I've been teaching high school English for 13 years and was recently struck by the idea of teaching as a tool to fight injustice in the world. Although my journalism students discuss this on an almost daily basis, how do I do that as an English teacher? The teaching profession is conducive to training students to fight injustice as they encounter it in life. The question is, how?
Consider this excerpt taken from by Teachers as Intellectuals: Toward a Critical Pedagogy of Learning by Henry Giroux,
" . . .empowering students with the skills and knowledge needed to address injustices and to be critical actors committed to developing a world free of oppression and exploitation."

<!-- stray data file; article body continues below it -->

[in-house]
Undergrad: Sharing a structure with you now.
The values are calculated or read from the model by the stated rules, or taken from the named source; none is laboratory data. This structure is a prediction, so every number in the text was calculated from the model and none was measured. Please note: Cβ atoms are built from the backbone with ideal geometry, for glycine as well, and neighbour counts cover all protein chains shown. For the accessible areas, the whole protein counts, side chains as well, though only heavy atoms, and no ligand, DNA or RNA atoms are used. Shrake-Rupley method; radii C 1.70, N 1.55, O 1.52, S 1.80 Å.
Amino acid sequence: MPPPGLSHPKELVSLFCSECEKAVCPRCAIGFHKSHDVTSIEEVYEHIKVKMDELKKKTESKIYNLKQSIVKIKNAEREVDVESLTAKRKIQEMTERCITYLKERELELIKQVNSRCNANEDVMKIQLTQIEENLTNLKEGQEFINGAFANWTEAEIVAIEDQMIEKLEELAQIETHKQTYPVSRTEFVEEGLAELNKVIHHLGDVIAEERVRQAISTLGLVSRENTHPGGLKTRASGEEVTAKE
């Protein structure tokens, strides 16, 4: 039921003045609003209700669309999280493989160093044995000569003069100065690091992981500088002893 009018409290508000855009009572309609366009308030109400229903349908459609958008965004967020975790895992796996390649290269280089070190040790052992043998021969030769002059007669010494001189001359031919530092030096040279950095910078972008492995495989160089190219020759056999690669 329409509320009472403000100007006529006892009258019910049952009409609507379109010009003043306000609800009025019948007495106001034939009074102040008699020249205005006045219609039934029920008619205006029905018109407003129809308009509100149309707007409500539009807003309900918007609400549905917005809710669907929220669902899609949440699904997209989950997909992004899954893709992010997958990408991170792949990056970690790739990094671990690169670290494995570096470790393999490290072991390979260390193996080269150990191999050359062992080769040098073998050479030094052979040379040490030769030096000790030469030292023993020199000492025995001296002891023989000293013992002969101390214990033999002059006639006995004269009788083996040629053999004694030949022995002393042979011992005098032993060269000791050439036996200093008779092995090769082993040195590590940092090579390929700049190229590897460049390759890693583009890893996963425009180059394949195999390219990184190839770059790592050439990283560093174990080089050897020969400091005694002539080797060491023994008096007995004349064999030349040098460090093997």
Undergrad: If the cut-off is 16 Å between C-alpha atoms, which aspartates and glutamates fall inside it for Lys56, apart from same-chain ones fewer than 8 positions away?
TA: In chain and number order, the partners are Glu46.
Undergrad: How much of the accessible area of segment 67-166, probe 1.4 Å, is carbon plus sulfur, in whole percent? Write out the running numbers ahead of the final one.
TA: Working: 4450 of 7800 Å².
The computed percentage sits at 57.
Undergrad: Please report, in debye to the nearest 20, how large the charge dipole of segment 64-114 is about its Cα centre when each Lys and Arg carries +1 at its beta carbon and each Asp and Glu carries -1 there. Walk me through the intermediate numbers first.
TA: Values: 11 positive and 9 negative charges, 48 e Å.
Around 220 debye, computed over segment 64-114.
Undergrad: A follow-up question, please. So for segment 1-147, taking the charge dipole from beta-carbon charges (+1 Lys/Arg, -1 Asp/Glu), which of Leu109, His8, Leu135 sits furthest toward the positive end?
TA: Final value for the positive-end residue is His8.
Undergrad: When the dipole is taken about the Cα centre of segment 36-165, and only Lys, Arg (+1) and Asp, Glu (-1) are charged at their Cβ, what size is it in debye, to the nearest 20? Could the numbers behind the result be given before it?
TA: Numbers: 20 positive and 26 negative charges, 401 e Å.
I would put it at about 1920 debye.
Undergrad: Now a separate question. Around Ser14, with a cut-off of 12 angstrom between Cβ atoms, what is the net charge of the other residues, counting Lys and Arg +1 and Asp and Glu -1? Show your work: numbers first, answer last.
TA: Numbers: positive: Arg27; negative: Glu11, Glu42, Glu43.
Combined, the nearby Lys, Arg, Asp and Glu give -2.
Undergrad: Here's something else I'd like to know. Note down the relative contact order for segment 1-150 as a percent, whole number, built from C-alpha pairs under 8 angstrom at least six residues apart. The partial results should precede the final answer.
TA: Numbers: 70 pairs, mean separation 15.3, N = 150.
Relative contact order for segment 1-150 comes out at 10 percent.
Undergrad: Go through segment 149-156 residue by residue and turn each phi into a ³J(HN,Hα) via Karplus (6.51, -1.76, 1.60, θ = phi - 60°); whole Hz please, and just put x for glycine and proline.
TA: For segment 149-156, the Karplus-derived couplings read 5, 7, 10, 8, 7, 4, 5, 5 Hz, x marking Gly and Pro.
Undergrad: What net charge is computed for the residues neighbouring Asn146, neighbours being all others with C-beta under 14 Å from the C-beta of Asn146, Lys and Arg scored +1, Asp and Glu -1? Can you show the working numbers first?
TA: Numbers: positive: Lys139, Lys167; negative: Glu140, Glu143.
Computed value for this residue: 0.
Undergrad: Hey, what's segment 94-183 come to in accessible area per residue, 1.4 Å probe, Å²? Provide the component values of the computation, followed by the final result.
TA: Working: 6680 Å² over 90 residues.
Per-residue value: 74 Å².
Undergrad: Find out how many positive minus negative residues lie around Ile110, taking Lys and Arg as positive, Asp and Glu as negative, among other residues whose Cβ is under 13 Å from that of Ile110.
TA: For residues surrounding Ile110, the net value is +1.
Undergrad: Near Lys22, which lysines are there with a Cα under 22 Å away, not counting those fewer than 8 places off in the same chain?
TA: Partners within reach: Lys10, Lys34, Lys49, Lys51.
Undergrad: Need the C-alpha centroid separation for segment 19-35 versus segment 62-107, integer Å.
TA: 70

I'm thinking just this month how I've been teaching students to write narratives since it will be required for college entrance essays and might be on the California High School Exit Exam. I'm realizing I have the wrong idea.
Maybe I should be teaching them to write their narratives as a way to fight injustice. They can tell their stories of injustice to fight injustice. This would give them an authentic, real world problem and would show that telling their story is a way to fight that problem. Now their writing has more value than passing a future test.
Just a thought. Fighting injustice with education is a new idea to me. Any thoughts would be appreciated.
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